Jonathan Vos Post writes, “Your opening up ‘Global Warming’ into a properly phrased admission that we don't know what will happen -- very good!” I don’t know that scientists involved with climate change would disagree but I’m sure they’d find this statement more than a little problematic. It strongly suggests that nothing may happen--true enough and I hope you’re right, Jonathan--but most scientific evidence thus far has shown the contrary.

Ian McDonald writes, “Will I then be co-opted against my will?” Absolutely not. No one has to buy into Mundane SF. We’re only interested in those who purposefully buy in or are open-minded enough to allow room for philosophies that differ from theirs. We welcome McDonald to write parables and myths or any kind of literary art. We most certainly will. But if he were a poet, would McDonald complain about the “tick boxes” of a sonnet or a sestina because he accidentally came close to writing one? The examples of writers who might have “accidentally committed Mundane SF” are all just a general idea of what we’re about. See this discussion of one work labeled as proto-Mundane.

One of the reasons I was first attracted to SF was that it seemed you could do anything: write in any style, write within any philosophy or politics, write about any subject matter. I mean, a group where a functional-prose man like Asimov could be chums with the vivid and idiosyncratic Ellison must be cool. All we ask for is a barstool or two along SF’s infinite counter space. Or is SF’s inclusivity just a delusion of foolish youth?

An observation that I’ve made of those who link or check out the site with interest is that readers on the edge of SF are attracted to the idea. A savvy marketer might want to exploit a whole new crowd of potential readers. But then we can always just fall back on the same old tropes and continue to spurn those who might want to try to do things differently.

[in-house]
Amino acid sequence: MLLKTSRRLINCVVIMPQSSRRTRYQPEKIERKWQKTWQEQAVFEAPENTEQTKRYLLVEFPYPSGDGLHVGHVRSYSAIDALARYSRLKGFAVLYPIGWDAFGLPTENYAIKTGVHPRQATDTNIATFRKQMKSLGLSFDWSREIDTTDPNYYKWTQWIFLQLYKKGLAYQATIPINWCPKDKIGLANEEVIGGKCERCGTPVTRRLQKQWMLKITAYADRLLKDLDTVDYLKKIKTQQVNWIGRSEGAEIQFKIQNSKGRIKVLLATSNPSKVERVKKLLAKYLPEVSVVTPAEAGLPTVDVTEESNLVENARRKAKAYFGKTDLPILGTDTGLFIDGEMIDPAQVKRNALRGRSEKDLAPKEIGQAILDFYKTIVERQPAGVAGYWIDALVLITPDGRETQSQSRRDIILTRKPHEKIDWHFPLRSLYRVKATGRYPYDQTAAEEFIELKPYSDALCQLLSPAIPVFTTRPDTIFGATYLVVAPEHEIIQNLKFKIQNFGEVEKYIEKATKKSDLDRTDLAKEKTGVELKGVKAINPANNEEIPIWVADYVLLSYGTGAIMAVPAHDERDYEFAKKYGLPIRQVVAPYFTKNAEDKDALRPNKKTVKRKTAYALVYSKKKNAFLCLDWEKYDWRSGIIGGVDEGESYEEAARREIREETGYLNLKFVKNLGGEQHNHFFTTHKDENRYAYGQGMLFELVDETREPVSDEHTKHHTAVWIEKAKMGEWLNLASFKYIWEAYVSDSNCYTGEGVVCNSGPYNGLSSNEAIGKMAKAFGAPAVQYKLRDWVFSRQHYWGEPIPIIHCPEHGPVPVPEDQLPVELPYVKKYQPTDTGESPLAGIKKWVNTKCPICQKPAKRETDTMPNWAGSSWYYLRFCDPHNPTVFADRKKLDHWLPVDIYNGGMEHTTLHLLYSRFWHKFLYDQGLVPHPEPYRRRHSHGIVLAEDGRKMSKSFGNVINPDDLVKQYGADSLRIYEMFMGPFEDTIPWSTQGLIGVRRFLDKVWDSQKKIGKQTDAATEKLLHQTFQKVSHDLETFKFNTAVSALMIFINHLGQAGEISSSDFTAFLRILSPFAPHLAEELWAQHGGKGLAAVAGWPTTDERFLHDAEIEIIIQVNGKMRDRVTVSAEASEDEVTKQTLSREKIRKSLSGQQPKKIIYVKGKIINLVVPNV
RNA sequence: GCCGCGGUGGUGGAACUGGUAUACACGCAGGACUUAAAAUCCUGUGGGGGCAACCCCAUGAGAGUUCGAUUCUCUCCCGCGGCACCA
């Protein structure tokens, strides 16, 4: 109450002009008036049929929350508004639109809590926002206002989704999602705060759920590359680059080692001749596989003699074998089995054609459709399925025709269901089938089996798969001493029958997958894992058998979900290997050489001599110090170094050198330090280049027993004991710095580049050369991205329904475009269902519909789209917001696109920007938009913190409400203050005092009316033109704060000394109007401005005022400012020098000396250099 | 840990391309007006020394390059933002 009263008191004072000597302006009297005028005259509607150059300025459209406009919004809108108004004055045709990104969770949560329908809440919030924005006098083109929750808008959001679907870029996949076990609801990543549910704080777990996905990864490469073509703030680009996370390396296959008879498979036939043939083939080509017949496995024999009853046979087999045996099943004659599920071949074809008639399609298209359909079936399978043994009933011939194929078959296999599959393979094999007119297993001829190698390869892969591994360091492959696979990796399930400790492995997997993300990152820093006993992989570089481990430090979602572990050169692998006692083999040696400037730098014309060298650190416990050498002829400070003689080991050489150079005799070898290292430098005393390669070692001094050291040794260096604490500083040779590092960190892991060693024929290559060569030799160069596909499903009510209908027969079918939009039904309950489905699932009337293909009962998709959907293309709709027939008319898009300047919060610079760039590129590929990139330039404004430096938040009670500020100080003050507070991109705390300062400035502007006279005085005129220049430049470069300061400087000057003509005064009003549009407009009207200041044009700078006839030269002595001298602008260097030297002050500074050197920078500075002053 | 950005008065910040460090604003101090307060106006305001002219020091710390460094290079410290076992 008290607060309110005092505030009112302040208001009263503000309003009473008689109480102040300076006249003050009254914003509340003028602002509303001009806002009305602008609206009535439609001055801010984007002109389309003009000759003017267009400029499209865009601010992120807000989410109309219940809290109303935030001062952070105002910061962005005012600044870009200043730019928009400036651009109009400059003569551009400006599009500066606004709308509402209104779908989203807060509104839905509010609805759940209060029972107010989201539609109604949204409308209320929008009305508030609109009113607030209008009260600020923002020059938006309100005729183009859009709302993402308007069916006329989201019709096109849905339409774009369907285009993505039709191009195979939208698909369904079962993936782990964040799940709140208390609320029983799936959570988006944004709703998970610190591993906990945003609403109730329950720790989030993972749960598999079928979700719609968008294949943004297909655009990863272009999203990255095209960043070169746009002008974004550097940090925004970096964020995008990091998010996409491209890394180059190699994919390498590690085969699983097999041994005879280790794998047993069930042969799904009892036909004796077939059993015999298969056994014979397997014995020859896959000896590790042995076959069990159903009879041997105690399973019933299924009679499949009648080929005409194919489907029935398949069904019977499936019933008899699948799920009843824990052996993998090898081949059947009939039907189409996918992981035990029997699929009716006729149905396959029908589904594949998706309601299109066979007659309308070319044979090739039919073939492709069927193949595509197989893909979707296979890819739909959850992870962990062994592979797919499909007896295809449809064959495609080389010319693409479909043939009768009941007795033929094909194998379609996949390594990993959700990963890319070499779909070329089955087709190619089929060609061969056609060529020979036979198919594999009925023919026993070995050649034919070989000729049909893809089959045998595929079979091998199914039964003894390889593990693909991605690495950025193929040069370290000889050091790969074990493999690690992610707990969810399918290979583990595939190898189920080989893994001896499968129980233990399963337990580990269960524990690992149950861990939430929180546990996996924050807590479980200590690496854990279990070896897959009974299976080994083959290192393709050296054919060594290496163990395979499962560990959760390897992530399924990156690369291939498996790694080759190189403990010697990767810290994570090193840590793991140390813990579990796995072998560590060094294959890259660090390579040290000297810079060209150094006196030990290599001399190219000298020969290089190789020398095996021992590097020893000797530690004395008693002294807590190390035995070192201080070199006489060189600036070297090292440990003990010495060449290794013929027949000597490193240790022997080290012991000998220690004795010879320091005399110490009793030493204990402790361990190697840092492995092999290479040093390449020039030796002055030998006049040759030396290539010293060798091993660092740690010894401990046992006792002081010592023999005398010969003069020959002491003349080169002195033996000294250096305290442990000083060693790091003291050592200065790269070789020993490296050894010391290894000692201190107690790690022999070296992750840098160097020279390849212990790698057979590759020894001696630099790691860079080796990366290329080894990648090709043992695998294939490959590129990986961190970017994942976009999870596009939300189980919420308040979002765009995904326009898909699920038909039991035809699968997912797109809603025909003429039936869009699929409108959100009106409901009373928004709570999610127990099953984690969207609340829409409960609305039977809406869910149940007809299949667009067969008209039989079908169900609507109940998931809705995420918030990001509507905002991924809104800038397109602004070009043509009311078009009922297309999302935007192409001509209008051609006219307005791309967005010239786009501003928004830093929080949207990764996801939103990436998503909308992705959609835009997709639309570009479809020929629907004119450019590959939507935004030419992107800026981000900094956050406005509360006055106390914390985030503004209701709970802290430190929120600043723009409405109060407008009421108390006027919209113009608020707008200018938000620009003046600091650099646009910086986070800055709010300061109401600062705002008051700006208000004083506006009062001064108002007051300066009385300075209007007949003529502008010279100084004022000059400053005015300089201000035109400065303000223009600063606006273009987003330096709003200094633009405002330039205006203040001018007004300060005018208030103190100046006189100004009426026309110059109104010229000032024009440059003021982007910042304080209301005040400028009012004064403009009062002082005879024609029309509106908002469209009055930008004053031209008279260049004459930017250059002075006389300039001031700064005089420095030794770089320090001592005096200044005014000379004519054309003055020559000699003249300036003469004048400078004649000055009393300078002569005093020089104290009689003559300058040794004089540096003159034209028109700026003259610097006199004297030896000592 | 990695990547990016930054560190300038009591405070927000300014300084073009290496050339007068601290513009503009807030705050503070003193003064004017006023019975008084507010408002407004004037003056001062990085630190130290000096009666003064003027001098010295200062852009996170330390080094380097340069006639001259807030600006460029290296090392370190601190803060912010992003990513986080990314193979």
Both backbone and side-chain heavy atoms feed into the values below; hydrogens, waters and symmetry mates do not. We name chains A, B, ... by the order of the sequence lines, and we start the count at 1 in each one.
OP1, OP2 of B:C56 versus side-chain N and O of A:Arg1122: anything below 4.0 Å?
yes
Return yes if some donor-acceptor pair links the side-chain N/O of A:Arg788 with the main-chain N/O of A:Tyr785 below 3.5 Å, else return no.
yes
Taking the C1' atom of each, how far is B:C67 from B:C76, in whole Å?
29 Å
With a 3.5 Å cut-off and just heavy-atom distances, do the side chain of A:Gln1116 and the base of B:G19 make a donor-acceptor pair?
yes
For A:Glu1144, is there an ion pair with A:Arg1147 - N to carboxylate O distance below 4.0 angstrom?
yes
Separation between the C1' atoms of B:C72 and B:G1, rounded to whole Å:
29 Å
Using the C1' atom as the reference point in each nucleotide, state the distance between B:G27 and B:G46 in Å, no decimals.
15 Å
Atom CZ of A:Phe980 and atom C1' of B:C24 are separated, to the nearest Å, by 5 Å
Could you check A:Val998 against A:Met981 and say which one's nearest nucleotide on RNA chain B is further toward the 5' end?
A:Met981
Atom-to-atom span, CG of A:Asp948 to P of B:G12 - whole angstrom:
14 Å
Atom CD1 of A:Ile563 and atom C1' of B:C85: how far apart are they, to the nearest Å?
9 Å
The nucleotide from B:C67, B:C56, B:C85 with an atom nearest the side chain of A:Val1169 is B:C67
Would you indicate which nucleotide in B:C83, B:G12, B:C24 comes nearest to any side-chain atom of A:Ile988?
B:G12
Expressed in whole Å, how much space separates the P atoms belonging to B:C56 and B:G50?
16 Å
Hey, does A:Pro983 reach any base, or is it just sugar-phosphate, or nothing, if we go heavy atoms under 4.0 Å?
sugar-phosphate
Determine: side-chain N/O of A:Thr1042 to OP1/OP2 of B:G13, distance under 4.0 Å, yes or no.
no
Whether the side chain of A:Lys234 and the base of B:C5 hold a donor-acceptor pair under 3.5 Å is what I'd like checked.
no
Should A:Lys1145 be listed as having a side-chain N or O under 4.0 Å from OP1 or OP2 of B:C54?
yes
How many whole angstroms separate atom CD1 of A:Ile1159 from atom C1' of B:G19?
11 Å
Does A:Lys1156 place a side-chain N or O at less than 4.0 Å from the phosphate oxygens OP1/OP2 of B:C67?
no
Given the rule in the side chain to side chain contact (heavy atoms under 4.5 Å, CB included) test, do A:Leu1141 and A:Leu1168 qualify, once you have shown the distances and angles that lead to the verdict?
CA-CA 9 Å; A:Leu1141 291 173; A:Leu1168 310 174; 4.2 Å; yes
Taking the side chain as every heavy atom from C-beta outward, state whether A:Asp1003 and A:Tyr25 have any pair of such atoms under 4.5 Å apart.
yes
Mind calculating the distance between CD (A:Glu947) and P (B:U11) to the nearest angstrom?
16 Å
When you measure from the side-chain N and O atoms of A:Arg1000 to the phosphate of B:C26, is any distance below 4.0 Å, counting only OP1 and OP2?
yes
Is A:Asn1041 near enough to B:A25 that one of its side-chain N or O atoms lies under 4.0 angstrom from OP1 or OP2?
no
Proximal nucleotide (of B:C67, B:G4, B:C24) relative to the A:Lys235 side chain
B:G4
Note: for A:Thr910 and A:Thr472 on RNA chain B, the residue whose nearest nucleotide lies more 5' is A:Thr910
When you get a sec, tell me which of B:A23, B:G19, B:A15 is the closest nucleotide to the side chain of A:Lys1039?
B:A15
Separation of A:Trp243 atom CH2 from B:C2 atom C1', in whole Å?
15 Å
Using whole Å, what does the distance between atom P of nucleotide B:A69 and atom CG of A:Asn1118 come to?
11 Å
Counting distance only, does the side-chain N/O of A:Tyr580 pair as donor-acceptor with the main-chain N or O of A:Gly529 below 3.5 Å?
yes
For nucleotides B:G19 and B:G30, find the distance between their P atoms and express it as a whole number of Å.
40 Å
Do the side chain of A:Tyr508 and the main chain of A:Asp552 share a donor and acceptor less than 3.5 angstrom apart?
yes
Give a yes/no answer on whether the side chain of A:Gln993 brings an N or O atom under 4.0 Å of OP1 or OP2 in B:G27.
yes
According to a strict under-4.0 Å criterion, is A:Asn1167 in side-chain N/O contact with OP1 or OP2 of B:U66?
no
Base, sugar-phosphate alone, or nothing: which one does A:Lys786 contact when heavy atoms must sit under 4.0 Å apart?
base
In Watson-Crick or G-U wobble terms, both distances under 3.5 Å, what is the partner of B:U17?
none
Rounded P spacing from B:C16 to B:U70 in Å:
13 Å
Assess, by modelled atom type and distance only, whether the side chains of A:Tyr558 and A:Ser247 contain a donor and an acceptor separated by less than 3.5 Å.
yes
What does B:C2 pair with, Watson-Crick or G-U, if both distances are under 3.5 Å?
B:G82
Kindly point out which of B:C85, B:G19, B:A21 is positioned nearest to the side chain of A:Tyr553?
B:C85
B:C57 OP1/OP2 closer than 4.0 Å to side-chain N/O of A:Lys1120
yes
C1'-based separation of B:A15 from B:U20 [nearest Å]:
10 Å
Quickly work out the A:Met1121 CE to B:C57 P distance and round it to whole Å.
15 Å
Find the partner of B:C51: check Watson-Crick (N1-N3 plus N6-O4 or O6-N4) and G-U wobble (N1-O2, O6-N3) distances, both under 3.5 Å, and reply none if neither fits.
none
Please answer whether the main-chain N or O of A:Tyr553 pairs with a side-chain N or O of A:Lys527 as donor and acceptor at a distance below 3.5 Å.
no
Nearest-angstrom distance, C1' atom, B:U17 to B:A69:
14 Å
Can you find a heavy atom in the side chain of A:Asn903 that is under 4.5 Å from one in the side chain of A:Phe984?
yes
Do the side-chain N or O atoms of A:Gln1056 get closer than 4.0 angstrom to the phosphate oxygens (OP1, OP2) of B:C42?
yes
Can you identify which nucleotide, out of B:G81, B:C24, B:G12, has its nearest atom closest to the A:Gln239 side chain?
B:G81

29 Comments:

Blogger Charlie said...

Two rules of thumb for writers (learned from bitter experience):

1) Anything you write will be misinterpreted by a substantial subset of your audience.

2) Suggesting how readers should approach the text is like imploring the sun to rise in the west.

Claiming to be surprised at the degree to which this manifesto has been misunderstood strikes me as possibly disingenuous; at best, worryingly naive.

Moreover, readers will approach the text any damn way they feel like it, and if the text doesn't interest them they'll go away.

As those of us trapped in SF/fantasy land and toiling for a living don't get academic patronage very often, having our readers go away is a very bad thing indeed. So in getting somewhat prescriptive -- even with ironic intent -- you've put quite a lot of noses out of joint.

(I'd have been happier if, instead of issuing a prescriptive manifesto you guys had issued a descriptive one. Consider the nucleation that accumulated around Bruce Sterling's description of Slipstream. Nobody rails against "the slipstream manifesto" -- stuff just happens. Similarly, just describing Mundane SF in existence wouldn't have got peoples' back up. But once you purport to tell people what they should do, they'll take you at face value ...)

5/30/2005 11:13:00 AM  
Blogger Trent said...

Maybe so. Thanks for your thoughts and advice. I'll show them to Geoff.

5/30/2005 11:20:00 AM  
Anonymous ian mcdonald said...